Friday, February 7, 2014

The Grim News About Cow Flatulence

Yesterday, as I relaxed in front of our fireplace after snow-blowing the driveway, feeling toasty under a blanket, an Associated Press headline crossed my computer screen:
“Flatulent Cows Cause Methane Explosion at German Dairy Farm.”
Honestly, that’s what it said. Naturally, I was unnerved. I drew the blanket closer. What concerned me was not the obvious fact that a barn exploded due to cow farts and burps. After all, the barn was located thousands of miles from my home, and my family was safe. It was the larger global implications.
As local German police told the AP, the explosion was caused not merely by a few cows expelling methane gas — but by ninety at the same time.The incident was one more reminder that the already faltering effort to curb global warming has run into, well, headwinds. You don’t need a degree in Bovine Digestive Tract Disorder (BDTD) to know methane is a huge contributor to climate change. It’s 20 times more likely to trap greenhouse gases than carbon dioxide. The planet’s 1.5 billion cows, according to a U.N. report, might be more dangerous to Earth’s atmosphere than trucks and cars combined.
Evidently detonated by a static electric charge that “caused the gas to explode with flashes of flames,” according to German police, the barn explosion just slightly damaged the roof and only one cow suffered light burns on a lightly used udder. But the larger global threat is worsening. The U.N. estimates that agricultural methane output could increase by 60 percent by 2030 if the world doesn’t curb its growing appetite for meat and milk. 
“Overall, we conclude that methane emissions associated with both the animal husbandry and fossil fuel industries have larger greenhouse gas impacts than indicated by existing inventories,” wrote the authors of a study recently published in the journal Proceedings of the National Academy of Science.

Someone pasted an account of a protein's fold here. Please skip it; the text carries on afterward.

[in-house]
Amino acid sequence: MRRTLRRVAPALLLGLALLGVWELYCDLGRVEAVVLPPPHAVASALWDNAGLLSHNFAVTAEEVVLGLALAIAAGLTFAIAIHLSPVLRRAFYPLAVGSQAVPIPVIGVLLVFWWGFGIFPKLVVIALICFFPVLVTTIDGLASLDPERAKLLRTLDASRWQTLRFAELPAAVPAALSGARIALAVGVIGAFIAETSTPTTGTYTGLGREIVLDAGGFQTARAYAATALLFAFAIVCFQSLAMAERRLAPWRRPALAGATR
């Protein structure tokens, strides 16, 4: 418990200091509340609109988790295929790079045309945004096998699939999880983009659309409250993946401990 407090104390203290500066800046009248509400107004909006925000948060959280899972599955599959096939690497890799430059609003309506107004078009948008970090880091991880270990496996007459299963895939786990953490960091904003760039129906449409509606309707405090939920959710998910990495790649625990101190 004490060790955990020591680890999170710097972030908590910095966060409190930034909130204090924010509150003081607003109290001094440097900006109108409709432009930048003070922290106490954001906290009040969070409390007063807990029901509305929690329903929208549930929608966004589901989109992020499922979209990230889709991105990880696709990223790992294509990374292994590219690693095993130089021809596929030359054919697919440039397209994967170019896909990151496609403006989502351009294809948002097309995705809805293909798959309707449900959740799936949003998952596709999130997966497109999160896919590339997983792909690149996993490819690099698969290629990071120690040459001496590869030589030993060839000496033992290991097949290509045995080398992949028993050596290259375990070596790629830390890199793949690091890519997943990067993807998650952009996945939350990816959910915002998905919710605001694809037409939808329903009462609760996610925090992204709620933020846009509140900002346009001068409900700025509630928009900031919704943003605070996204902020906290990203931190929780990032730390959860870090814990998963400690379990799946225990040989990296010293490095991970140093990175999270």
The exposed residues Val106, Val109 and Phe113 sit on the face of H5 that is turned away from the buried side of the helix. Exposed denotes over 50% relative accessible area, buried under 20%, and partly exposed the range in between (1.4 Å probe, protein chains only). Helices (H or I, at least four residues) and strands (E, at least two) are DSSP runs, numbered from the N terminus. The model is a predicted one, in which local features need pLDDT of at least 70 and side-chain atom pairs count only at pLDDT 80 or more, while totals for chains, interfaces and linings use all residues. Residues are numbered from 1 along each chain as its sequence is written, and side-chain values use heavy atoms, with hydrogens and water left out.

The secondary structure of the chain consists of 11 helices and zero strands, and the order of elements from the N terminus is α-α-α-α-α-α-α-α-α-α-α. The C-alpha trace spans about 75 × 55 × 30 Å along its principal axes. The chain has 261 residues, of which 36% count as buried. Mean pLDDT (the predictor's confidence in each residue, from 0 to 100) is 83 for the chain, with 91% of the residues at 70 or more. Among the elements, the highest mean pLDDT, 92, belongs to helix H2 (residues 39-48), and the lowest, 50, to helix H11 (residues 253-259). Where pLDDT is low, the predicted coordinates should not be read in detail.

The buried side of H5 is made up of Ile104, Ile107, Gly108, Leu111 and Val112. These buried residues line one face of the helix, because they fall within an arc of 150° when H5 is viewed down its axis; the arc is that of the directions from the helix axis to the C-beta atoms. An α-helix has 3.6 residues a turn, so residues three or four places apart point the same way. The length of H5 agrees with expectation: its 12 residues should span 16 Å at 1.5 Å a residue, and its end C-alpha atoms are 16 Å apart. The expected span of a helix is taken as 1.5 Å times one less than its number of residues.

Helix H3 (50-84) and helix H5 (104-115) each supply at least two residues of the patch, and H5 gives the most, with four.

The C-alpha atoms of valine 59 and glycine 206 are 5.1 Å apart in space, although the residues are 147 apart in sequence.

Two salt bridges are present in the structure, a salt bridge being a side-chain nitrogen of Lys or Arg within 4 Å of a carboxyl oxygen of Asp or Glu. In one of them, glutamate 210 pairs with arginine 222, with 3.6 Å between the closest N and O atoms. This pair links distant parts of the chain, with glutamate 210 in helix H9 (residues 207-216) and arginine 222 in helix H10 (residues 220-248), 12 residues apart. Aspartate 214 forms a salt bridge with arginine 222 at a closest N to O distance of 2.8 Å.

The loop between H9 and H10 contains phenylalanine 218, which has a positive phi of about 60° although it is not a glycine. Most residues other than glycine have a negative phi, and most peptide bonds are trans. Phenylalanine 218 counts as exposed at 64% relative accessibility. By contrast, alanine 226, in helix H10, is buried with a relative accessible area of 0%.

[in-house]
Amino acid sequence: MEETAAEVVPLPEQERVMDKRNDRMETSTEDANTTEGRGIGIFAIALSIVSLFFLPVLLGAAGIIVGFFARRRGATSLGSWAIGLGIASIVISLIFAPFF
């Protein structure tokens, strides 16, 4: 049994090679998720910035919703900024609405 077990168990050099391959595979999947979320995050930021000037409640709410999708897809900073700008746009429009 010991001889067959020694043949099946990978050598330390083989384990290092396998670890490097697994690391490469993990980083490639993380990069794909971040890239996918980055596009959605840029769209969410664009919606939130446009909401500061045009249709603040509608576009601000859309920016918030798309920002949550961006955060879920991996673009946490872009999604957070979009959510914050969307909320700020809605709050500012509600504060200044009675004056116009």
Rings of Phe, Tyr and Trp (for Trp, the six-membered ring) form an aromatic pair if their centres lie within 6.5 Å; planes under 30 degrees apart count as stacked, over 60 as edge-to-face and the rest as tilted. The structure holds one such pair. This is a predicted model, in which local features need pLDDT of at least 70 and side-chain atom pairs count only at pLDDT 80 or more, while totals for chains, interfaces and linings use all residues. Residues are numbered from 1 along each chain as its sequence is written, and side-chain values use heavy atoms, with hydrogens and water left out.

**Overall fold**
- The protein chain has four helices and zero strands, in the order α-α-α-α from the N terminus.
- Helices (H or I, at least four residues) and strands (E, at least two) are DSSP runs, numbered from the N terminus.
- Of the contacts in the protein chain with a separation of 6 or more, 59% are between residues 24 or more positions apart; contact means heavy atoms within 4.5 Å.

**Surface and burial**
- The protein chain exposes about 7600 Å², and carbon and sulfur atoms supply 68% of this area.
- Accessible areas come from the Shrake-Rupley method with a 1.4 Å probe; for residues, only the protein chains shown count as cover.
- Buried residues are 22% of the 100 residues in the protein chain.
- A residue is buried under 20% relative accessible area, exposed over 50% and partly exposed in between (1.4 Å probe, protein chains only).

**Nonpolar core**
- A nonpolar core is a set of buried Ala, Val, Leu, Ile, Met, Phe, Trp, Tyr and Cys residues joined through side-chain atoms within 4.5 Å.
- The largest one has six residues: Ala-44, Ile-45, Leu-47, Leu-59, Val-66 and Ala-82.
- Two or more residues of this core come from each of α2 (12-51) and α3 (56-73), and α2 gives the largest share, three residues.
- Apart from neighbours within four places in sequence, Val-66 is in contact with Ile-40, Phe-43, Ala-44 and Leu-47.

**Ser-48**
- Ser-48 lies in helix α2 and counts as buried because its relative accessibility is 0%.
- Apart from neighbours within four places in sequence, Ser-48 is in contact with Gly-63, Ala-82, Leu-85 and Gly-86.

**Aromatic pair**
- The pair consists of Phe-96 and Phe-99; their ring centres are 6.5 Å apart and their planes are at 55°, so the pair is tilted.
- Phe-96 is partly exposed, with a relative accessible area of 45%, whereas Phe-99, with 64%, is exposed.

It would be an oversimplification to conclude that if the cow flatulence rate doesn’t drop, lower Manhattan could become an underwater reef. Still, every time we bite into a Big Mac, it’s not only our own gas we have to worry about. But that of every cow that had a part in the creation of that hamburger patty and American cheese slice.
As a world citizen worried about rising seas, drought, and the possibility of catching malaria while visiting Montreal, I want to look on the bright side. Today, ninety-seven percent of climate scientists – practically all of them – agree that climate-warming trends over the past century are very likely due to human activities. Maybe the overwhelming consensus will trigger action. Maybe the planet will get its act together and curb the greenhouse gases that cause global warming before it’s too late. Maybe solar and wind power and other alternative fuels will become economical replacements for fossil fuels. Maybe people will stop clear-cutting the Amazon. Maybe there’s hope for our great great grandchildren, after all.
It will take innovative thinking, that’s for sure, and I’m willing to contribute my two cents. For instance, has anyone considered putting Beano in the cow feed? While untried on cows, as far as I know, it might be worth a shot.
Perhaps if we put the issue front and center of every American, as I’m doing with this blog post, people will grow concerned enough to take action.
Hollywood could be a big ally in this regard. Perhaps Vince Gilligan should consider a sequel to his immensely popular TV crime drama Breaking Bad. It would be called, you guessed it, Breaking Wind.
Instead of an ailing middle-aged teacher who turns to making a highly explosive substance that upsets the social order, it’s about an ailing middle-aged teacher who turns to making a highly explosive substance that upsets the social order.
Right. Next topic.
David Kalish is the author of the comedic novel, The Opposite of Everythingwhich will be published in March. His author events this spring are in Saratoga, Brooklyn, and Long Island. Click here for more information.

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